You might have picked up a little news item a week or so ago about an inappropriately named Sushi Bar in Montreal which provoked complaints from neighbours, residents and, above all else, landlords. Though this particular example was at the extreme end of the scale, it does raise questions about which sort of businesses landlords should be letting to and how to ensure their commercial property doesn’t lose value because of careless tenants.
Loss of Reputation
Casual observers often struggle to differentiate between the landlord and the occupant and even if your letting business is squeaky-clean, that’s not to say that your tenants are. It’s easy for an unsavoury business to quickly gain a poor reputation amongst local residents and this reputation lives on with your property. Any future tenants in the will factor this into their calculations.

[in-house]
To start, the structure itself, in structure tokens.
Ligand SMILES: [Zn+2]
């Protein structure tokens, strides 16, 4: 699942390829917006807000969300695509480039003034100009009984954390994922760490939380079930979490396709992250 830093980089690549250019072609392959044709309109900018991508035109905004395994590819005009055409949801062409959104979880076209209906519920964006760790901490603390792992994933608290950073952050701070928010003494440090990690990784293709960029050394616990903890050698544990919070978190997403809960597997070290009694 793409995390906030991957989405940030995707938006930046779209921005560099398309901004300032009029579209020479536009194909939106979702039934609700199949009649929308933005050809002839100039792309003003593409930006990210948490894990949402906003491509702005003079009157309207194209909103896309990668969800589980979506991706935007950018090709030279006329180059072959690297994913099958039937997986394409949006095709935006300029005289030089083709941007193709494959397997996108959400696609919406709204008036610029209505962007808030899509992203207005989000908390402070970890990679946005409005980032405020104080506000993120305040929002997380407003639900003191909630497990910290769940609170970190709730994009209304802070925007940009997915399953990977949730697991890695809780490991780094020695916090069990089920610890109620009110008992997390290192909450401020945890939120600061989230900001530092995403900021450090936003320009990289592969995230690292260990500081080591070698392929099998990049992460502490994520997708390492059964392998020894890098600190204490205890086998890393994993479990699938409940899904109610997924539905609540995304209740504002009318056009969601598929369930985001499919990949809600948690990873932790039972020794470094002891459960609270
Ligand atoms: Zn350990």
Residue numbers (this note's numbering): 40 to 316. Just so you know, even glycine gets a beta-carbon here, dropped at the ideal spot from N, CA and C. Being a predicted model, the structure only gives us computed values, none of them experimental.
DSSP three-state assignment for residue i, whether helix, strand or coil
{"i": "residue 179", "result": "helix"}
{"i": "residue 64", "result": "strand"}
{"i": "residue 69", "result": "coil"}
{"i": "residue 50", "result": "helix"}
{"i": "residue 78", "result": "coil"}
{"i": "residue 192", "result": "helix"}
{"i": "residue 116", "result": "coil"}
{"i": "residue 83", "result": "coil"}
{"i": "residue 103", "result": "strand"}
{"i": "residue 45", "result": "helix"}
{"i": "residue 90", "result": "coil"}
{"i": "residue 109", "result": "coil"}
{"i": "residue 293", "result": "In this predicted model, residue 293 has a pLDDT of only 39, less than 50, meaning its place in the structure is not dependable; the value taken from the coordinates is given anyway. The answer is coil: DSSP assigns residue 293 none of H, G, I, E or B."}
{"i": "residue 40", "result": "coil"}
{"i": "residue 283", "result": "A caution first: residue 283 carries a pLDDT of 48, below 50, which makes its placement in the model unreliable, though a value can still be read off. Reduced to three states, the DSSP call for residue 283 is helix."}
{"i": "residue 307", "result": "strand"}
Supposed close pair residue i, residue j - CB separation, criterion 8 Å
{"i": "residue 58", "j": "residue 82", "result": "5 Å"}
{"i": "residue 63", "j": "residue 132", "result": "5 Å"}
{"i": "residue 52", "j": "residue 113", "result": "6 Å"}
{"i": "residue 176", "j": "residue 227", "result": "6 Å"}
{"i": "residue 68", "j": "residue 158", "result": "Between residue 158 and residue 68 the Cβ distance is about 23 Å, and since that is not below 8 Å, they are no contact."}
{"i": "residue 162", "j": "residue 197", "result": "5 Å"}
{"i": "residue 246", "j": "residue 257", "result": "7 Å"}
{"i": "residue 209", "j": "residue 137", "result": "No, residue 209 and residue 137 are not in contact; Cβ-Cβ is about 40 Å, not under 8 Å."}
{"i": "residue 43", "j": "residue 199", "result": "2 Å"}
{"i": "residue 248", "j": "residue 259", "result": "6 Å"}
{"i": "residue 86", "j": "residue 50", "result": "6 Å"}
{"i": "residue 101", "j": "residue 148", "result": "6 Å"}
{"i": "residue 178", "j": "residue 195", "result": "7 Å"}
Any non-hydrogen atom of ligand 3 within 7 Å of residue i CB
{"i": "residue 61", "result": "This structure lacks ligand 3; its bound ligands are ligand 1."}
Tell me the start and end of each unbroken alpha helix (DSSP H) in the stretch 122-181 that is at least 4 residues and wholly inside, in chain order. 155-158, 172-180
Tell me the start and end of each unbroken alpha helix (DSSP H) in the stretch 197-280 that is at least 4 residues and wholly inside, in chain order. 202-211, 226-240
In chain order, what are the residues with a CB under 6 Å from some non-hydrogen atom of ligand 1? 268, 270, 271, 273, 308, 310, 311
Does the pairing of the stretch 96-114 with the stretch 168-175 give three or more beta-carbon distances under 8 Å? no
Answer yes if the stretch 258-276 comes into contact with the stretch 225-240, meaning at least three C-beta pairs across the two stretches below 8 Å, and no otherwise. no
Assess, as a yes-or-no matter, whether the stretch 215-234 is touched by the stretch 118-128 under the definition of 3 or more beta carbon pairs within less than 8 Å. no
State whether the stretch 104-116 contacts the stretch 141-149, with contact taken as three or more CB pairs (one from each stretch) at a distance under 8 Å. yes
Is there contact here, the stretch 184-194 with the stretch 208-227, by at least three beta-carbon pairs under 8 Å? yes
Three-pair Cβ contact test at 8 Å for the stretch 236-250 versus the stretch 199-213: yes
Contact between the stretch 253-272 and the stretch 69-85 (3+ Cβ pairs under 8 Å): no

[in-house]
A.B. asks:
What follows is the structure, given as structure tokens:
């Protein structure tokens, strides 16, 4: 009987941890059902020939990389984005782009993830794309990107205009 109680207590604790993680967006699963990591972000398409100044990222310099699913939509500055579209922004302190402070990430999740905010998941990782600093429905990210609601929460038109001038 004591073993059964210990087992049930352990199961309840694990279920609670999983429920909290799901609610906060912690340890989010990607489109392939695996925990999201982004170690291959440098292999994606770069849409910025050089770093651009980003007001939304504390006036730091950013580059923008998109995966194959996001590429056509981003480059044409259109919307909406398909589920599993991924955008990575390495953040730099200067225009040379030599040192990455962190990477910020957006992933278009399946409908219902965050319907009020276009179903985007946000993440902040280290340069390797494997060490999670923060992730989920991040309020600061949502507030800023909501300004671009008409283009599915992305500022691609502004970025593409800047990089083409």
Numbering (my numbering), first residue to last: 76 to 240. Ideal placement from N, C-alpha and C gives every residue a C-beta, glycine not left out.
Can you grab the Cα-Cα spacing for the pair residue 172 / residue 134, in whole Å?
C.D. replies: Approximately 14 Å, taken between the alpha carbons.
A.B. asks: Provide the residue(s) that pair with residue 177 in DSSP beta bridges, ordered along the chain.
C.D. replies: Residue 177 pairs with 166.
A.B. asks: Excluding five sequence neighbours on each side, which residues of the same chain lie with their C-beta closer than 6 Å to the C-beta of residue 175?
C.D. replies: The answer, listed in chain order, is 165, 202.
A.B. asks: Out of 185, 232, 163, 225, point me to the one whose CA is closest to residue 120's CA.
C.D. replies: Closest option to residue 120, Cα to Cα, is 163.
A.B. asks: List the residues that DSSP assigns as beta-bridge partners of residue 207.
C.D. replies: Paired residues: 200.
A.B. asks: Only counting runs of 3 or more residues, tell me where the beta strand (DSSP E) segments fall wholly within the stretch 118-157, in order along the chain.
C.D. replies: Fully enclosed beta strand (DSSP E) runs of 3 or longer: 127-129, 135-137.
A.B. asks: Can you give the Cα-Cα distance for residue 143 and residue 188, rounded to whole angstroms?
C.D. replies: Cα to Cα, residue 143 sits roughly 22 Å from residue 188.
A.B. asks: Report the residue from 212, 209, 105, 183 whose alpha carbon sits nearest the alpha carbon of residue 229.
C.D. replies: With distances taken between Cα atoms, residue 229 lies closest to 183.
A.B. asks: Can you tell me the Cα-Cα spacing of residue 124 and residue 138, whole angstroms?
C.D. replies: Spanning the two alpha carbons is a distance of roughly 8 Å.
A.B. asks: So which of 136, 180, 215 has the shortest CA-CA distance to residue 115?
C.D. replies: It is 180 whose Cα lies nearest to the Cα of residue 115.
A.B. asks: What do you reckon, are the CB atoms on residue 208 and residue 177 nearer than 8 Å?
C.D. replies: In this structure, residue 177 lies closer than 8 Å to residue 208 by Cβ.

Every commercial landlord should have some idea about what business their tenants are running, but it is worth investigating this in some detail. A ‘retail’ business could be selling all manner of items from your property, legally or illegally, and this could negatively affect upon your property. The same is true for office space.
Whether landlords should discriminate against certain types of businesses in this way is a disputed area. Potential tenants will not take kindly to being rejected and existing tenants will seldom allow eviction cases to run smoothly, particularly if they are successful in what they do. If you’re in doubt as to what to do, it’s worth contacting both your local authorities and your landlord insurance provider; they may be able to guide you some way towards a solution.
It’s hard to put an exact value to the sort of damage that a badly run business can do to your property, but the reputation of a business often defines the reputation of the space. Don’t allow bad tenants to damage your name and be sure you know fully what your tenants intentions are before you take them on.